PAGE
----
Shapovalov rues lack of maturity as Grand Slam bid ends

  • Tennis
  • Wednesday, 09 Sep 2020

FILE PHOTO: Sep 8, 2020; Flushing Meadows, New York, USA; Denis Shapovalov of Canada serves the ball against Pablo Carreno Busta of Spain in the menÕs singles quarter-finals match on day nine of the 2020 U.S. Open tennis tournament at USTA Billie Jean King National Tennis Center. Mandatory Credit: Robert Deutsch-USA TODAY Sports

NEW YORK (Reuters) - Canadian Denis Shapovalov says a lack of maturity cost him a semi-final berth at the U.S. Open, a Grand Slam that is up for grabs in the absence of the 'Big Three' of men's tennis.

The 21-year-old went down in five sets to Pablo Carreno Busta on Tuesday in a match he looked destined to win after serving his opponent a bagel in the fourth set and then watching him receive treatment to his lower back before the decider.

With Roger Federer and Rafa Nadal absent from Flushing Meadows, and Novak Djokovic disqualified in the fourth round, there will be a new name on a Grand Slam trophy for the first time since Stan Wawrinka's 2016 U.S. Open triumph.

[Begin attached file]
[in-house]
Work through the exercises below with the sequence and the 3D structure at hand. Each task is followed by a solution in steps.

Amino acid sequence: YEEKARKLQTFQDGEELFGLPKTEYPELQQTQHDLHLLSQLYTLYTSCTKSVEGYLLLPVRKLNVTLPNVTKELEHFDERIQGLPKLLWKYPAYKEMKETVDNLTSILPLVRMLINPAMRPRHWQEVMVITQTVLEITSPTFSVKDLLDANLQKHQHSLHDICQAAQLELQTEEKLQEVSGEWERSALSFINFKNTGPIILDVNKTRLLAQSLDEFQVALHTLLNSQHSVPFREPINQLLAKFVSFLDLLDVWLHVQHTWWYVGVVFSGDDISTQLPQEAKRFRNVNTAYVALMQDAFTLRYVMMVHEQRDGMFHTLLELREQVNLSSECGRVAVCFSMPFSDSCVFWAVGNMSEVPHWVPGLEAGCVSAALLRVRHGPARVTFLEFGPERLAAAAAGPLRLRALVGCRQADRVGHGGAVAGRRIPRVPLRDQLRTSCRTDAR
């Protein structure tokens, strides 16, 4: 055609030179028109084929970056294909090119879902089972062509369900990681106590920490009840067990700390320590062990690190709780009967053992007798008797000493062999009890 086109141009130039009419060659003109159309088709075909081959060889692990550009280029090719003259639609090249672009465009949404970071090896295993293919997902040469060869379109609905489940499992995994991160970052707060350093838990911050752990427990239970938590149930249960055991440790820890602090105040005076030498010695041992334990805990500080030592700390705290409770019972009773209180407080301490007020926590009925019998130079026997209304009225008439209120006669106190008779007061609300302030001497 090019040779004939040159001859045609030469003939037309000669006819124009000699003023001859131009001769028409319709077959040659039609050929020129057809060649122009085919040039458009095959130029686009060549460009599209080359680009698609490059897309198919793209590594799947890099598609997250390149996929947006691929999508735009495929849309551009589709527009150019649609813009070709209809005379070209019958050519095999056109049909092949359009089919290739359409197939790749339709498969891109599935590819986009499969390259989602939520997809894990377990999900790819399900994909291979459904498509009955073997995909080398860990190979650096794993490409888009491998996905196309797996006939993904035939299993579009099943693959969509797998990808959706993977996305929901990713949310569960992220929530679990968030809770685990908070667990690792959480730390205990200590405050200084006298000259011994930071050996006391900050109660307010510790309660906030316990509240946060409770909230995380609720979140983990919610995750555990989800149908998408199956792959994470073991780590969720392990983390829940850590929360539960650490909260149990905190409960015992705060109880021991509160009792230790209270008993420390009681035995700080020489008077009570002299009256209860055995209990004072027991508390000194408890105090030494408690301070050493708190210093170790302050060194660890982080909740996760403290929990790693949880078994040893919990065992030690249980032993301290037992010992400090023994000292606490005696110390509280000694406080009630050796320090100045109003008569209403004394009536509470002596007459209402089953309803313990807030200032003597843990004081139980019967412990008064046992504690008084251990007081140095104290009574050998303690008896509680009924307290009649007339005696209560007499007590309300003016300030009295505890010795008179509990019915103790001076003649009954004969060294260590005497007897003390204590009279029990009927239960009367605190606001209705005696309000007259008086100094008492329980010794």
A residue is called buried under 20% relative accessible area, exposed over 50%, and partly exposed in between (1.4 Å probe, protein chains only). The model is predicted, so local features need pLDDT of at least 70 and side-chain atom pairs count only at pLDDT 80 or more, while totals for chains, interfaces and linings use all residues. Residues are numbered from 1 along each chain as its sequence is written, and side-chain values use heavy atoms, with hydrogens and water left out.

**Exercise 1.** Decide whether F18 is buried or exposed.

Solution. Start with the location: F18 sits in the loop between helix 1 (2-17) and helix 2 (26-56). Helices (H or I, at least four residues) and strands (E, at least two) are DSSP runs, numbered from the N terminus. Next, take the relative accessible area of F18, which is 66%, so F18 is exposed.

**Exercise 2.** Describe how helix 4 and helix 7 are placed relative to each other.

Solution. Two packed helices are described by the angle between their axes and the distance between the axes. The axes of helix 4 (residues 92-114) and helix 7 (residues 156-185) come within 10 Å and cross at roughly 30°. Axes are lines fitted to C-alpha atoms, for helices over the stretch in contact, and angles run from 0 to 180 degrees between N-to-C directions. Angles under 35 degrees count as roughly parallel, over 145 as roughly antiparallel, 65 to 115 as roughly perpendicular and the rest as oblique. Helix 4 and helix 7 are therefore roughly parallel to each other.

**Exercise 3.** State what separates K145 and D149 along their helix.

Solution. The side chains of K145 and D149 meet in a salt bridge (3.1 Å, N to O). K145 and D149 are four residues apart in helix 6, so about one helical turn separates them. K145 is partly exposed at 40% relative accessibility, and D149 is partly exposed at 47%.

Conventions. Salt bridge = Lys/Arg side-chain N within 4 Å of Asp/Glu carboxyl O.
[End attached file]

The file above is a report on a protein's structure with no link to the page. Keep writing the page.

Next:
"Very frustrating right now. Tough to look at positives," left-hander Shapovalov told reporters. "I need to mature a little bit more, be in these situations more often.

"I played tight, I did. I'm sure the next time I'll be in this situation I'll be more comfortable with it."

Shapovalov had been in long battles in earlier rounds, facing a match point in his third-round win against Taylor Fritz and being pushed to four sets in his three other matches before Tuesday's quarter-final -- his first at a Grand Slam.

"Definitely physically speaking I feel good. I feel like I could go all the way," he said. "That's a positive. I found a positive."

With Carreno Busta, Alexander Zverev, Dominic Thiem, Alex de Minaur and Russians Daniil Medvedev and Andrey Rublev still in the hunt for the trophy on Sunday, Shapovalov said few of them will have experienced the pressure of a deep Grand Slam run.

"There's a lot of dark horses out there. It's anybody's slam," he added.

"It's very exciting for tennis. It's definitely causing a lot of nervous matches."

(Reporting by Sudipto Ganguly in Mumbai; editing by Peter Rutherford)

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